The war on terrorism and the extraterritorial application of the constitution in immigration law
For quite some time, the prevailing judicial view has been that it is constitutional for the government to indefinitely (even permanently) detain within the United States aliens who have been stopped at our borders. The justification for these decisions is that even though these aliens are located within the United States they are deemed, under a doctrine known as the "entry fiction," to be outside the territory of the United States, and thus beyond the reach of the Constitution. Recently, however, courts have struggled with issues involving the definition and scope of the entry fiction. Courts have faced similar issues involving the extraterritorial application of the Constitution in cases involving the current Guantanamo "enemy combatant" detainees. In this Article, Professor Slocum argues that a recognition by the Supreme Court that the current Guantanamo detainees possess at least some constitutional rights should compel courts to conclude that aliens stopped at our borders and detained within the United States also possess constitutional rights, including the right to be free from indefinite detention. Even if the Court declines to recognize that the Guantanamo detainees possess constitutional rights, lower courts should continue to reevaluate the definition and scope of the outdated and unnecessarily harsh entry fiction.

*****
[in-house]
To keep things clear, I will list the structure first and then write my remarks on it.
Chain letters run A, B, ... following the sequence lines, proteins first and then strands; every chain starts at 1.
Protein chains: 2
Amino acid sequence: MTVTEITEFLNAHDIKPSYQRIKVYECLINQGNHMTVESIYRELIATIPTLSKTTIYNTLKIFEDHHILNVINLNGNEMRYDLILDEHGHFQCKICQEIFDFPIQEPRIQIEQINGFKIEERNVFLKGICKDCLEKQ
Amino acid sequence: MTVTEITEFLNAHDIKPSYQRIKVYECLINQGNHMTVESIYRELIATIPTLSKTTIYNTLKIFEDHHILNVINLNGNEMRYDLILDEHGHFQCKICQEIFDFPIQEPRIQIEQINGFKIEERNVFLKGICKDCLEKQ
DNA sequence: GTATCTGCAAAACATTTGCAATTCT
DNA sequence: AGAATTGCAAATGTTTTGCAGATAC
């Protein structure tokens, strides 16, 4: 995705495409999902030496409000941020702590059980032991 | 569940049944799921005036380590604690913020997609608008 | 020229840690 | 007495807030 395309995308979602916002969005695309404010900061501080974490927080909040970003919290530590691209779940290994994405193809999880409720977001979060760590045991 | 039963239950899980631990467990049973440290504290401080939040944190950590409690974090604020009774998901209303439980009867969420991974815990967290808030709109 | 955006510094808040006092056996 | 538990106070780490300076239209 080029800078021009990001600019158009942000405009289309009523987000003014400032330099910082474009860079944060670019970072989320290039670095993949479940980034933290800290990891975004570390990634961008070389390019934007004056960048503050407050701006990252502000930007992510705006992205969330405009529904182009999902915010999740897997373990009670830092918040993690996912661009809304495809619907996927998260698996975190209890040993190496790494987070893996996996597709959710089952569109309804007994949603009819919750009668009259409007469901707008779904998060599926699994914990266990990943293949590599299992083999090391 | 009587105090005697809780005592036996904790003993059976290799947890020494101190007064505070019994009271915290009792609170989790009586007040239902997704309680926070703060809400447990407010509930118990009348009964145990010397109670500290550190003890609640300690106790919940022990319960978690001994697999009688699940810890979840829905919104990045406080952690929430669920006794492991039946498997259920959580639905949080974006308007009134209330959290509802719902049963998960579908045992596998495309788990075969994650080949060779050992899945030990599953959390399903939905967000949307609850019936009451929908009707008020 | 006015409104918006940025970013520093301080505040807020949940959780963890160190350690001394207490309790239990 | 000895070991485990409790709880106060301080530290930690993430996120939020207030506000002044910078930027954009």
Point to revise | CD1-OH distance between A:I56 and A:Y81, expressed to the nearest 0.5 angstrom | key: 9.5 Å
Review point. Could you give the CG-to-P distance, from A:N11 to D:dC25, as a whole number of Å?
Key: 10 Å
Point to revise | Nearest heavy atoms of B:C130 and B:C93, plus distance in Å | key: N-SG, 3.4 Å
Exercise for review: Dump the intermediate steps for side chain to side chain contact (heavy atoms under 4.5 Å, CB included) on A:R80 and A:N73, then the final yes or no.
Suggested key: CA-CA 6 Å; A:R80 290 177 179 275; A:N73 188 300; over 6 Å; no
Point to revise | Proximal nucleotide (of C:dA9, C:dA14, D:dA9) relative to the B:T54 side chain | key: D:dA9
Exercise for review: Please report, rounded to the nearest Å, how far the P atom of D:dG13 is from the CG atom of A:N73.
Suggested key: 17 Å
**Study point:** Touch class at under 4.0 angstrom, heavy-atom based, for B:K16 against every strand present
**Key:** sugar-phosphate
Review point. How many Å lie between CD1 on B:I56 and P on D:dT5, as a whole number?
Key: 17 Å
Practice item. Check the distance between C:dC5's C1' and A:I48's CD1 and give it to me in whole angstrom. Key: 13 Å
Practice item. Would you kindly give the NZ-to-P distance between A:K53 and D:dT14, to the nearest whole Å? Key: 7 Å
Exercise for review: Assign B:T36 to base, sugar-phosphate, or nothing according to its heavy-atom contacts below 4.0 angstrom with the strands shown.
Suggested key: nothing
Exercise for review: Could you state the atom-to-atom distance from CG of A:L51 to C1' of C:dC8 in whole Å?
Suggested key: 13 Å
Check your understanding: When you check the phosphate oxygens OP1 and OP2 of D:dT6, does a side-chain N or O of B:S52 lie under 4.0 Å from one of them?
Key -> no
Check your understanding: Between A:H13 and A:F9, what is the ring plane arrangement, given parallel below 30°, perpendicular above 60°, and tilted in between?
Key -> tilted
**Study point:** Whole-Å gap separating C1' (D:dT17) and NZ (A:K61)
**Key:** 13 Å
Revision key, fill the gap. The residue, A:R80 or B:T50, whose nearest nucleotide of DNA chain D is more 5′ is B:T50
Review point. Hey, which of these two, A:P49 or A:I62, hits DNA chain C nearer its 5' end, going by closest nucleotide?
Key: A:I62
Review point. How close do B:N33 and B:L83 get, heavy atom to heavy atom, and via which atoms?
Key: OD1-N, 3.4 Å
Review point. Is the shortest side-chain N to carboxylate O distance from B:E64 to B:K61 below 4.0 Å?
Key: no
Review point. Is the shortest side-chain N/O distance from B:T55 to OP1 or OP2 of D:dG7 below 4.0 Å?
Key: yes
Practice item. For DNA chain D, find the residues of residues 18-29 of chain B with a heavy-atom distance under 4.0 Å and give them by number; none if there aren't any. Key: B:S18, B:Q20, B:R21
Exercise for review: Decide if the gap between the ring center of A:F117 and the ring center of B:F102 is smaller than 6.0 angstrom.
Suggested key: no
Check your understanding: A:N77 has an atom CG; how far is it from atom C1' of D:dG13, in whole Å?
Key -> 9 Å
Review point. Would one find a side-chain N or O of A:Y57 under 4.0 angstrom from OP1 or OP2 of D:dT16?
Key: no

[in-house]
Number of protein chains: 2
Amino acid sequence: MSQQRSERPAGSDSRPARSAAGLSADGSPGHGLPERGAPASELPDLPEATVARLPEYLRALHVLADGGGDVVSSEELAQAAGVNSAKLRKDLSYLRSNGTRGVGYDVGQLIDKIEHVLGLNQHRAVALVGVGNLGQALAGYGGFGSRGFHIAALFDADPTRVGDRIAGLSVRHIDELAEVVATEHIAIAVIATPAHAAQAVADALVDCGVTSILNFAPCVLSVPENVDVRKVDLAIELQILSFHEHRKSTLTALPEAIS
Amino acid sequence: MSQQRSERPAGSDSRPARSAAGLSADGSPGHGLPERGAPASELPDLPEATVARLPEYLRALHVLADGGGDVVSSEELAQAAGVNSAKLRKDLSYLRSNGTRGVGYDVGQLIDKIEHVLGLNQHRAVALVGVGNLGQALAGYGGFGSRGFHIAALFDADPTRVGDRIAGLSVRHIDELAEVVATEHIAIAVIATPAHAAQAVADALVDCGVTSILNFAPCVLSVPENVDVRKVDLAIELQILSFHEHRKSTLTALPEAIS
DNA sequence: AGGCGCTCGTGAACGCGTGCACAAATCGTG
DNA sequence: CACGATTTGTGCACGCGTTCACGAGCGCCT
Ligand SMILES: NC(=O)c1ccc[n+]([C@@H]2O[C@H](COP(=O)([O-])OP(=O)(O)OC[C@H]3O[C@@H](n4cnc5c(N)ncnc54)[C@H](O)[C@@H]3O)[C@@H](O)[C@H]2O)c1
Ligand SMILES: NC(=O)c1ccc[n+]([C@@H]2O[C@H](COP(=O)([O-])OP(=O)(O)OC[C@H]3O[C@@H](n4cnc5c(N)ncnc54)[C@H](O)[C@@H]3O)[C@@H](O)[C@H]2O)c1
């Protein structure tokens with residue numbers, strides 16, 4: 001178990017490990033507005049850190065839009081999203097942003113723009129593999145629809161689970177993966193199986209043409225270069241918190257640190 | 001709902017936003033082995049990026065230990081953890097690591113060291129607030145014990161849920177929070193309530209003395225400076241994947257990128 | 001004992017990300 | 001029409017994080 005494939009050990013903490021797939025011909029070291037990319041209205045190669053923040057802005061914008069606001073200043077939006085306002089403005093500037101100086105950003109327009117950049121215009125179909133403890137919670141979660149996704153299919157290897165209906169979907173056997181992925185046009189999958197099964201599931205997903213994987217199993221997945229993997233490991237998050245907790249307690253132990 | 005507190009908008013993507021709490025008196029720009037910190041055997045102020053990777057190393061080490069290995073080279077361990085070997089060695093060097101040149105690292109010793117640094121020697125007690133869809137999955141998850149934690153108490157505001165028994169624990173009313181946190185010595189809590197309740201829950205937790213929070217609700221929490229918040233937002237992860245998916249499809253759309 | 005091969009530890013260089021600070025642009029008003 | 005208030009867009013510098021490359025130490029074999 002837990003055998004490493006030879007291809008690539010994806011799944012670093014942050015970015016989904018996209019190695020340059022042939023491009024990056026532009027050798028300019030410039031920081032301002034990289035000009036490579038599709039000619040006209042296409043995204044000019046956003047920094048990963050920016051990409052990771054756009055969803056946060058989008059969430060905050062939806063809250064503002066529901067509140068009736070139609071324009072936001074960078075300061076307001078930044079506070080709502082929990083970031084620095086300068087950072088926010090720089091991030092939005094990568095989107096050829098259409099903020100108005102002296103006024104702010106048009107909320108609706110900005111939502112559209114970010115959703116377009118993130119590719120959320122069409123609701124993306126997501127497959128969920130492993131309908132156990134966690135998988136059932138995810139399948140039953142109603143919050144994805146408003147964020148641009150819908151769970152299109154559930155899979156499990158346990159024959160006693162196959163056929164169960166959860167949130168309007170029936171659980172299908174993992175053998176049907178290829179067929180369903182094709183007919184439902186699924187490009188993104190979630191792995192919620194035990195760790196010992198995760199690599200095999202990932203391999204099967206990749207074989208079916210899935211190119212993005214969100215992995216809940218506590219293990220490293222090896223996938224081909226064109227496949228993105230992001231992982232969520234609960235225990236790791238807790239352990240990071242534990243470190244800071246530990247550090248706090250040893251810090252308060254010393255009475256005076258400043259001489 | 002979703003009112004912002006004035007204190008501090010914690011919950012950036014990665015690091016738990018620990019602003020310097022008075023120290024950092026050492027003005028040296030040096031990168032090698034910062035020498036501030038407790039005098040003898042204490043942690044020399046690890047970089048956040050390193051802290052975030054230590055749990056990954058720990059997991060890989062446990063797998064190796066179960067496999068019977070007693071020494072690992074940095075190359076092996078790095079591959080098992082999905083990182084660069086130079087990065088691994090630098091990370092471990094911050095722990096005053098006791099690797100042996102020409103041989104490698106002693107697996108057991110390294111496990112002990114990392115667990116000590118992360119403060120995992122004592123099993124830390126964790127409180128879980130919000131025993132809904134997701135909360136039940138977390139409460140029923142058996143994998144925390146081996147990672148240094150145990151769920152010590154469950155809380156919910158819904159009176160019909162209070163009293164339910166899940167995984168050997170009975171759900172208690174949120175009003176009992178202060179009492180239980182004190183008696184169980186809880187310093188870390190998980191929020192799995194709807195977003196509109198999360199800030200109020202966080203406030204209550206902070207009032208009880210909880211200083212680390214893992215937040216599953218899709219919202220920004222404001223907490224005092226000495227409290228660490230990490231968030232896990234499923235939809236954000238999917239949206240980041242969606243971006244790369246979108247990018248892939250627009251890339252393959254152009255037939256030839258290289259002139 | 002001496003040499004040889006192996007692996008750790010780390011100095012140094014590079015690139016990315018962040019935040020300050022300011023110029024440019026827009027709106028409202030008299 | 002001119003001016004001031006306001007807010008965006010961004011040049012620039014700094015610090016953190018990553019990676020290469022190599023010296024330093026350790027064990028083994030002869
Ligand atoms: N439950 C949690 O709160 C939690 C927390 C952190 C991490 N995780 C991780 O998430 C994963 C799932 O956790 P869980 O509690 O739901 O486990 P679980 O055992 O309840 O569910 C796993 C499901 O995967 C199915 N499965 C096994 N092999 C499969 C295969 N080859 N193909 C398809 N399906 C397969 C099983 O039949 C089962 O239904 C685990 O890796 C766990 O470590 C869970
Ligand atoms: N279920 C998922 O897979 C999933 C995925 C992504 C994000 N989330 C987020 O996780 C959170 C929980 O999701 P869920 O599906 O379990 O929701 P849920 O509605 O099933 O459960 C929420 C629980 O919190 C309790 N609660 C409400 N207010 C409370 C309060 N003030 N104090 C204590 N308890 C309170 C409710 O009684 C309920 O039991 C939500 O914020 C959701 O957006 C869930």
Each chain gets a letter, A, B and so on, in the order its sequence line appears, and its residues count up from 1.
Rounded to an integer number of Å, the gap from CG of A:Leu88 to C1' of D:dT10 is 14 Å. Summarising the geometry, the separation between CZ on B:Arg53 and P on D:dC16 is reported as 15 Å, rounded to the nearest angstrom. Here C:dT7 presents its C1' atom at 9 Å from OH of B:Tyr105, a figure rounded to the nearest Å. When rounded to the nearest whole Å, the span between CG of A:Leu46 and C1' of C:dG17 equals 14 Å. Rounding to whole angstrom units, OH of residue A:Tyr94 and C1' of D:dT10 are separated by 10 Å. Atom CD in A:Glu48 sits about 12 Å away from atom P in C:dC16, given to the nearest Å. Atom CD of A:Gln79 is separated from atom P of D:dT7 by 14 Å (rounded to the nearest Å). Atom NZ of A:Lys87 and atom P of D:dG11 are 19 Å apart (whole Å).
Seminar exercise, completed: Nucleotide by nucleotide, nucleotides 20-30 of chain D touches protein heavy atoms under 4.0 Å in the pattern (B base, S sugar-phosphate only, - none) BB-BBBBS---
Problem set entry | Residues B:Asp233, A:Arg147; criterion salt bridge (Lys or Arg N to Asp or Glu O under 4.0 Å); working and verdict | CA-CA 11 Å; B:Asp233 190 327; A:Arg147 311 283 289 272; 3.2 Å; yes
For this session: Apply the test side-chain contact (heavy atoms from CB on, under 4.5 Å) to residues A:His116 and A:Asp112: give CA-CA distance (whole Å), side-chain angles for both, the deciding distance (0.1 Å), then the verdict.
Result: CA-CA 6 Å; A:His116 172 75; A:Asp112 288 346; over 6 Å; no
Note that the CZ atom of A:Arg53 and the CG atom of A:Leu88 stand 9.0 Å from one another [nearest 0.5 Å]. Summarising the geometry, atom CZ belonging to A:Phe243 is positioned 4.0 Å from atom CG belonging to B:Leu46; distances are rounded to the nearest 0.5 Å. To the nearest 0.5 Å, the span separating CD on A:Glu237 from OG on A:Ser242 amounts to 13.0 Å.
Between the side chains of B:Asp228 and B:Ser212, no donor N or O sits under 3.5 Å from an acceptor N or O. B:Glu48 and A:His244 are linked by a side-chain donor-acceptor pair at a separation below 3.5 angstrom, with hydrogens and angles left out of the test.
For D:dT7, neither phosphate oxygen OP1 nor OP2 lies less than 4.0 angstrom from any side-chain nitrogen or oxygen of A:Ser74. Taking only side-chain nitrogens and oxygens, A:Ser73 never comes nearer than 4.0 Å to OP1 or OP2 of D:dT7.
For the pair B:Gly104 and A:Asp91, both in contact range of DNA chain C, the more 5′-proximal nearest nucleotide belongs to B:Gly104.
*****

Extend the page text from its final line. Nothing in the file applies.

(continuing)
Denver Law Review
Slocum, Brian G., "The war on terrorism and the extraterritorial application of the constitution in immigration law" (2007). McGeorge School of Law Scholarly Articles. 409.